I write a lot. I'm writing this blog post in the rich text editor that's provided with WordPress, and I trust it will output nice clean HTML. This is good way of working, but often my writing involves much lengthier documents, and often I'm writing in collaboration with others. The tool of choice for these projects tends to be Microsoft Word, and often the final document will be published either in PDF or HTML.
I also evangelize a lot, encouraging authors to take a few simple steps to ensure the documents they produce are accessible to readers with disabilities. Most authors I work with are writing and editing in Word, and when their document is finished they will publish and distribute it in PDF, motivated primarily by the desire to ensure consistency across platforms, and in some cases to protect it from modification.
I'm also a Mac user, as are many of the people I work with. This blog post documents my quest for Mac-only solutions for converting Microsoft Word documents to accessible tagged PDF and clean, accessible HTML, but my lessons learned on this quest might apply to users of other platforms as well.
Back in March 2012 I wrote a blog post titled Accessible Dropdown Menus
summarizing my observations with various accessible dropdown menu models, including Suckerfish, Son of Suckerfish, Superfish, Dropper Dropdown, UDM4, Simply Accessible, YUI MenuNav Node Plugin, and the Menubar widget example developed by the Open Ajax Alliance. Of all these, I liked the Open Ajax Alliance (OAA) example the best.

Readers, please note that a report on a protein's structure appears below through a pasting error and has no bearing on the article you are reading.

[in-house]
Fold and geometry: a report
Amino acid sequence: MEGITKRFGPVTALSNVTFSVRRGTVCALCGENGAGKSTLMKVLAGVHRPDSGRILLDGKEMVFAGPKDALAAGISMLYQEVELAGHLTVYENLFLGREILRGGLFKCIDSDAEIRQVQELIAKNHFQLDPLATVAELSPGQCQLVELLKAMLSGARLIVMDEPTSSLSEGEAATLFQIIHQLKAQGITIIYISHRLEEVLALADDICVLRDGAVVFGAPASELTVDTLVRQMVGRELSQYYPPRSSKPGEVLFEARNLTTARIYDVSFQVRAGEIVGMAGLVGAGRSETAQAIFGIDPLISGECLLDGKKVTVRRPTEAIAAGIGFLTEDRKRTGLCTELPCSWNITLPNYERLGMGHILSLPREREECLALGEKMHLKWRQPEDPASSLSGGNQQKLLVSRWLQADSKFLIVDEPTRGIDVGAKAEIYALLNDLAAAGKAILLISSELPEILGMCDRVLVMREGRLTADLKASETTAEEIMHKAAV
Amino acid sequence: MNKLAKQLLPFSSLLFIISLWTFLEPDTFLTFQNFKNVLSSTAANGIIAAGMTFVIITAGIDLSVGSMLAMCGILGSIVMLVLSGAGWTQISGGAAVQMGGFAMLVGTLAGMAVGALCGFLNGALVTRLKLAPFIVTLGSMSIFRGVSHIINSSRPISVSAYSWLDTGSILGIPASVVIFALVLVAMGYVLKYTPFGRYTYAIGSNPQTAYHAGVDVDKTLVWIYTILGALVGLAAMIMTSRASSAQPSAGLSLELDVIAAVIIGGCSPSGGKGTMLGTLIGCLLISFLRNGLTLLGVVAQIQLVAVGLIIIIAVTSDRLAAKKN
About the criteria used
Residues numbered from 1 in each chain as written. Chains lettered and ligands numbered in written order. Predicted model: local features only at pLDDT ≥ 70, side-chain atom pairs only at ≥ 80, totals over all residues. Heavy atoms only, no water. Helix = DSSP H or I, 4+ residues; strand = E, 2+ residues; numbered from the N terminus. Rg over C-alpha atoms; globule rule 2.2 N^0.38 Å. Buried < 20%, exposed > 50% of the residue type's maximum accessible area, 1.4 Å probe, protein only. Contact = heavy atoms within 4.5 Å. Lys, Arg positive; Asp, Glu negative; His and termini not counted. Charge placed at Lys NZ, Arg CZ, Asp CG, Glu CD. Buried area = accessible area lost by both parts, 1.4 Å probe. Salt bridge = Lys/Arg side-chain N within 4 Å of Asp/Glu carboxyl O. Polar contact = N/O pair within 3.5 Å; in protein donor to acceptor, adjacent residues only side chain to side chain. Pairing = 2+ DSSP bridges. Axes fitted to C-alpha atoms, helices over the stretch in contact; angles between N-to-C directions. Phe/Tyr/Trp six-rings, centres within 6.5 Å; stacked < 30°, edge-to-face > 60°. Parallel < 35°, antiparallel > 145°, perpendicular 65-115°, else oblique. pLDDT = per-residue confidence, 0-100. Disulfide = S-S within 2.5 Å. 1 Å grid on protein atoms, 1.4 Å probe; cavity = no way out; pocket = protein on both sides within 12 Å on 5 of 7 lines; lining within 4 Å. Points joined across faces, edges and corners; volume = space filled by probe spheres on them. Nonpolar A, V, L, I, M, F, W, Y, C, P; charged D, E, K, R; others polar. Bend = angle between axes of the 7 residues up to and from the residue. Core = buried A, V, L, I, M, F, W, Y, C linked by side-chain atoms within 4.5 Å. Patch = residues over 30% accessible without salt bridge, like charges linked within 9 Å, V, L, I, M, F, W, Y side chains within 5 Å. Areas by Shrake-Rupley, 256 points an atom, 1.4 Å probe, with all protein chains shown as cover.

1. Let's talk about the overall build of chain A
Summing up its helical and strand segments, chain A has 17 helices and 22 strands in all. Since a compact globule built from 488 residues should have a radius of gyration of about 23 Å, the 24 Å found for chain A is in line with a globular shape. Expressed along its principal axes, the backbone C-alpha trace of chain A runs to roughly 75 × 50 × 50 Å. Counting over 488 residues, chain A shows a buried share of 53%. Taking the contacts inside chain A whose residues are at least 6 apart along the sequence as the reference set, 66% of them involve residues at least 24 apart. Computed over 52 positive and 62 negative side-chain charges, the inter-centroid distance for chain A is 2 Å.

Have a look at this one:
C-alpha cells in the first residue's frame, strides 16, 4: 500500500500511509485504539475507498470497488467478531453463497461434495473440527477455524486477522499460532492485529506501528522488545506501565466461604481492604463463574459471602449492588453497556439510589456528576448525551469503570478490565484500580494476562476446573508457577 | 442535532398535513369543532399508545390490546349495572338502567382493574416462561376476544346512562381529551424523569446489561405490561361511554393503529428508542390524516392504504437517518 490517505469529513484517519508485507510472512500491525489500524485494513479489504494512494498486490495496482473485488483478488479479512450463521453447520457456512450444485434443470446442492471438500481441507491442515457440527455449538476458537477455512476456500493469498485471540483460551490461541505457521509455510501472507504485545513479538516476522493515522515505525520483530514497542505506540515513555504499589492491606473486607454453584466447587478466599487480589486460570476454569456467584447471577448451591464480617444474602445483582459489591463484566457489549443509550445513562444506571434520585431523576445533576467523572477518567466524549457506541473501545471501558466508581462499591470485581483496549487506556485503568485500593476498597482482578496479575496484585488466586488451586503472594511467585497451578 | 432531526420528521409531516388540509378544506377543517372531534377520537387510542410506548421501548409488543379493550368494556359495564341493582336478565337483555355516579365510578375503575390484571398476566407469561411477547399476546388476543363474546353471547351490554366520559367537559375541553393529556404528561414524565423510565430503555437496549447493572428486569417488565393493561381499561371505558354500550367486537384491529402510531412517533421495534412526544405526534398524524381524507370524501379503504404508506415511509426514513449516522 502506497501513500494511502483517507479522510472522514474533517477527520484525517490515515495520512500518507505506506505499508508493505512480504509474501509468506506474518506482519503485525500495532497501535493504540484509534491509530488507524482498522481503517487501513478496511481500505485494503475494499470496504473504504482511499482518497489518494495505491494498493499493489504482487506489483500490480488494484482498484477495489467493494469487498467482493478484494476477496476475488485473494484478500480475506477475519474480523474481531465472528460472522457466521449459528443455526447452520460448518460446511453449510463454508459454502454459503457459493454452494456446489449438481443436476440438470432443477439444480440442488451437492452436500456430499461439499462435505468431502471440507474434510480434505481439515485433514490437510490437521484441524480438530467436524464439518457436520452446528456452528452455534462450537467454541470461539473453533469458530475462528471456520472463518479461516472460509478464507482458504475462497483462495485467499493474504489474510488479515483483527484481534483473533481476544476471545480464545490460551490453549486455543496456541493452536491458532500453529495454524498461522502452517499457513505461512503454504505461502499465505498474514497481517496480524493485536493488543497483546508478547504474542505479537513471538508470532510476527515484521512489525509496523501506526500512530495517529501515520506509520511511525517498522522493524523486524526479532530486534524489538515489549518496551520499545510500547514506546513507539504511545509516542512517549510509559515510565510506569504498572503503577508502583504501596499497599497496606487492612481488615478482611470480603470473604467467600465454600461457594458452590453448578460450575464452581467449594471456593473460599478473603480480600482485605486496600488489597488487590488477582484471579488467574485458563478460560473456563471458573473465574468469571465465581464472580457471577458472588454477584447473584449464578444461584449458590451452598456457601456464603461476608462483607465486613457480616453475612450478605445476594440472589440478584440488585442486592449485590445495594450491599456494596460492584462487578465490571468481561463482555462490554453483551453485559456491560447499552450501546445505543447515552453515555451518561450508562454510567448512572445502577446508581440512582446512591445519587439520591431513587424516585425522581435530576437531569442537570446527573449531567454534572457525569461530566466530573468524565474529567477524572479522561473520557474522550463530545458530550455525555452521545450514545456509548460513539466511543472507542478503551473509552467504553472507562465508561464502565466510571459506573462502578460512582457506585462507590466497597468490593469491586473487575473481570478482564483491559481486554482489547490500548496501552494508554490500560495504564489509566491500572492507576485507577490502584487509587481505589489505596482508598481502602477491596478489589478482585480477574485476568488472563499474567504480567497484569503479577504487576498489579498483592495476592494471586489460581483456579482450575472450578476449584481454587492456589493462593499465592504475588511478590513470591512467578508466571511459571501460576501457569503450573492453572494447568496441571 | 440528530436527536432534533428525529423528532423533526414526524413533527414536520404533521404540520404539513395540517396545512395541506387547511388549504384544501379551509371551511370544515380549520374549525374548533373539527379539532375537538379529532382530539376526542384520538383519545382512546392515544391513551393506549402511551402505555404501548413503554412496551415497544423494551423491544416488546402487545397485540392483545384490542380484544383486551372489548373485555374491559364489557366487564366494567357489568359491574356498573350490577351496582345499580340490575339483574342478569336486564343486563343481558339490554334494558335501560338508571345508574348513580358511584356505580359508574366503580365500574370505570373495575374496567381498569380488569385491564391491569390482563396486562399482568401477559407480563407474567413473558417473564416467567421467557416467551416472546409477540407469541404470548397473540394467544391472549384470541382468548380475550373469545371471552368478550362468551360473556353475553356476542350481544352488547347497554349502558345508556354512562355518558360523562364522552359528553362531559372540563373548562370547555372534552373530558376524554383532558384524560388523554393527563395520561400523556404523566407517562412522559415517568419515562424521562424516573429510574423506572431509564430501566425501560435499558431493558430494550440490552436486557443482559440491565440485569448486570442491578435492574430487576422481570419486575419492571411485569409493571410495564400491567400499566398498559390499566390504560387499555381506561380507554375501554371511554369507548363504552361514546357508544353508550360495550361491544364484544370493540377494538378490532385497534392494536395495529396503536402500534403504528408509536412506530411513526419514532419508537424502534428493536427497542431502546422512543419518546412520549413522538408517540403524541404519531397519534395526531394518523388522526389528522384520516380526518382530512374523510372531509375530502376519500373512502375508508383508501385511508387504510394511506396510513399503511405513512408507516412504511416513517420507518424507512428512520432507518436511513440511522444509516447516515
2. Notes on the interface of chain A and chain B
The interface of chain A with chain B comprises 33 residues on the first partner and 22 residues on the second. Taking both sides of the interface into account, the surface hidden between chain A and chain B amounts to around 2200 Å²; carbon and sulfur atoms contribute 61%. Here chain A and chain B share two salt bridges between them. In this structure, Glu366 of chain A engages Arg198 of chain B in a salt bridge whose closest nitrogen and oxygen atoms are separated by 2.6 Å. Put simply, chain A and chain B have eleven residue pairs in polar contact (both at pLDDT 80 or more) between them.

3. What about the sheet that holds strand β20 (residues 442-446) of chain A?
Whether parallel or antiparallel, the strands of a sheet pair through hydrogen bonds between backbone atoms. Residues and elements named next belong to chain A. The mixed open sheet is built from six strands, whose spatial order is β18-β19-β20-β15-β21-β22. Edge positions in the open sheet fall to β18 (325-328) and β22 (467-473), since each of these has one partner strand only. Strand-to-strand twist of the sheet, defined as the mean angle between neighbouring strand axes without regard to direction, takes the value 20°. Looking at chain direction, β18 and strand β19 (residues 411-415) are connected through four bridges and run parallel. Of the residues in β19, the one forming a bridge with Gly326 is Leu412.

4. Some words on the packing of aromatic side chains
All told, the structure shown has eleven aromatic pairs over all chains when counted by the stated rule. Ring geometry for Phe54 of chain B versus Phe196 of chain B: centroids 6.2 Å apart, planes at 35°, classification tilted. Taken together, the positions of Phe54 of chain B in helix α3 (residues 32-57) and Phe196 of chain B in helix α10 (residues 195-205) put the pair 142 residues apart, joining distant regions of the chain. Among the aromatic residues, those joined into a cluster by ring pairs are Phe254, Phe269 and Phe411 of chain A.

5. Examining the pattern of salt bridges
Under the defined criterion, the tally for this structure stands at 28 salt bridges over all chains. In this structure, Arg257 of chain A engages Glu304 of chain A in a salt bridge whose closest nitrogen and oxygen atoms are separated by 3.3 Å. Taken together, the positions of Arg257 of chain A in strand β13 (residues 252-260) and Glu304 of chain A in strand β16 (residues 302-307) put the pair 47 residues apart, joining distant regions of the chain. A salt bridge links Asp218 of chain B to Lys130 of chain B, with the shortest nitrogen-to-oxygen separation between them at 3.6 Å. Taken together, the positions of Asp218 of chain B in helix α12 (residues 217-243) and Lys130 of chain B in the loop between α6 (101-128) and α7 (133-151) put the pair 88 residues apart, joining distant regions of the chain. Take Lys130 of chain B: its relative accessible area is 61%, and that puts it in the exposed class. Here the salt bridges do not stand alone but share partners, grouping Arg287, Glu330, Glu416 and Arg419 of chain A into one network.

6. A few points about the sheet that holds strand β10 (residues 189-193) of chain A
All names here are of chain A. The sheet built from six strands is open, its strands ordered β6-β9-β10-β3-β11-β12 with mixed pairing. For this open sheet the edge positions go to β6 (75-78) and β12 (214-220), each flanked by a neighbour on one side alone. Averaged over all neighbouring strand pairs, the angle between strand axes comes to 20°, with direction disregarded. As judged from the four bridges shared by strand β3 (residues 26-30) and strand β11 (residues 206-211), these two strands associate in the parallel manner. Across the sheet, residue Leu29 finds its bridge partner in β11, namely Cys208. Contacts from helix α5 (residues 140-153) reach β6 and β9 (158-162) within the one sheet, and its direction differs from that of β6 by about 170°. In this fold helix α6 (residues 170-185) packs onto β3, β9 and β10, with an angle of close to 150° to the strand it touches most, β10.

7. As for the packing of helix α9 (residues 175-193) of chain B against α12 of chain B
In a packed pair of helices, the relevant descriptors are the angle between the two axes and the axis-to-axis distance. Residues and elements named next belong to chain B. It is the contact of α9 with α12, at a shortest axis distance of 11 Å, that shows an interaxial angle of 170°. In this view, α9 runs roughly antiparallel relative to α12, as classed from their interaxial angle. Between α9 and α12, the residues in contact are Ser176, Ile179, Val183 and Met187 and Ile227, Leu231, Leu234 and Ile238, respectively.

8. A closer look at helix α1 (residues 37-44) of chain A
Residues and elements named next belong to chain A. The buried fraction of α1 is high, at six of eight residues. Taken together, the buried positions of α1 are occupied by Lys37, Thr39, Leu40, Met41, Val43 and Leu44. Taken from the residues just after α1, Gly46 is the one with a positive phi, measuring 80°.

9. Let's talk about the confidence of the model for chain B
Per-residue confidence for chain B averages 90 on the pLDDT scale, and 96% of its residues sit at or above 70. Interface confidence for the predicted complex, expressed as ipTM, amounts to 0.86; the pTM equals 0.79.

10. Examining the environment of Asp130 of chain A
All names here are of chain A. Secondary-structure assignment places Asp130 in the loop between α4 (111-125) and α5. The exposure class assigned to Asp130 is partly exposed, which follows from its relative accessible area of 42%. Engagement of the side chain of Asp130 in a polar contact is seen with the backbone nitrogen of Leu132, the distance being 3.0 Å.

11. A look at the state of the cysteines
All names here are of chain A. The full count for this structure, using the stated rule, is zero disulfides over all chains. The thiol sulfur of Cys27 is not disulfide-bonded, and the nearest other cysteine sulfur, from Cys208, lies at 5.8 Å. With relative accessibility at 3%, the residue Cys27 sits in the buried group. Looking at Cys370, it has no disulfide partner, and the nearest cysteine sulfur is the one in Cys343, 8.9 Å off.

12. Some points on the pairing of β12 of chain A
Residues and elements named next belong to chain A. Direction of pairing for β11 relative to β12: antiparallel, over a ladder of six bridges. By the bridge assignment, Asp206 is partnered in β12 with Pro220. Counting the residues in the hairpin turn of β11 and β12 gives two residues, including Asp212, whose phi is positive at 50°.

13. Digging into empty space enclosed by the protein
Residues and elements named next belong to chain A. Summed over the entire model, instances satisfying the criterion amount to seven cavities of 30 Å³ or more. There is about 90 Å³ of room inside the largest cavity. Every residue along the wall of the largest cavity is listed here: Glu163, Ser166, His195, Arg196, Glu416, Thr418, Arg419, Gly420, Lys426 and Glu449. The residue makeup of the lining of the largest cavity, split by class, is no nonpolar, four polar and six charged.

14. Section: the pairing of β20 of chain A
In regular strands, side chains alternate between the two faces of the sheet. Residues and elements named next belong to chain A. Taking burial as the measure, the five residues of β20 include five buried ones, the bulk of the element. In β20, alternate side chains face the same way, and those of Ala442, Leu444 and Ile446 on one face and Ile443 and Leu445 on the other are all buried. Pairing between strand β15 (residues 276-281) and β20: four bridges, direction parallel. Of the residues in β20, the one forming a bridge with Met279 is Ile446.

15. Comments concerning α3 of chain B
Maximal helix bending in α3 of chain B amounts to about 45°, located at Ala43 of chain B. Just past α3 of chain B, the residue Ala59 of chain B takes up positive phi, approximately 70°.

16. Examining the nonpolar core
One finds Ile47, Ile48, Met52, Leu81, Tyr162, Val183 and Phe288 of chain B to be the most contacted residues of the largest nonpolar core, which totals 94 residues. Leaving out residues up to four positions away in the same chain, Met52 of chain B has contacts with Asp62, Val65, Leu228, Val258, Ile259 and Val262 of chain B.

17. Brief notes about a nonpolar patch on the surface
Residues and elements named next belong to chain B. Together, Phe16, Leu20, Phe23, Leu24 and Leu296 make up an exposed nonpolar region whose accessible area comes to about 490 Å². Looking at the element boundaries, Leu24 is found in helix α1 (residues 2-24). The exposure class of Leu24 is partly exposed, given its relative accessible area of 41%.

Here's the original OAA menubar
, and my customized OAA Menubar
Over the last 21 months, my thinking has evolved a bit, aand I've done quite a lot of further experimenting. Since lots of folks have stumbled upon and are referencing my earlier tests, I thought I should post an update documenting how my thinking has changed. Here goes...
Given the death of Google Reader in July and the eminent death of iGoogle in November, I've been shopping for alternatives. I need a single service that will serve as my dashboard and web portal, providing me with news updates, RSS feeds, and convenient access to bookmarked websites all from a single location. It needs to be cloud-based, browser-agnositc, free, and ad-free.
I've been combing over online reviews and soliciting input from trusted friends and colleagues for months, and a few weeks ago I finally narrowed my focus to two services, NetVibes and Protopage. Since then I've been using both together in separate tabs in various browsers. And finally, I've made my decision.
Here are my impressions based on the features that matter most to me.
I've long been an enthusiast of collage in various media—visual art, literature, music. This Fall I hope to unveil my latest musical project, a grand musical mashup that I've been actively working on for over a year, but my interest in such things originated much earlier. Back in the 80's I was into William S. Burroughs's literary cut-ups, and as a computer guy I've come to appreciate the vast potential for digital creativity in this space. For example, check out The Morality Rock Story: Defending Urination, political art inspired (and produced) by Dragon NaturallySpeaking. There's a well-developed and fascinating course on this topic on remixthebook.com.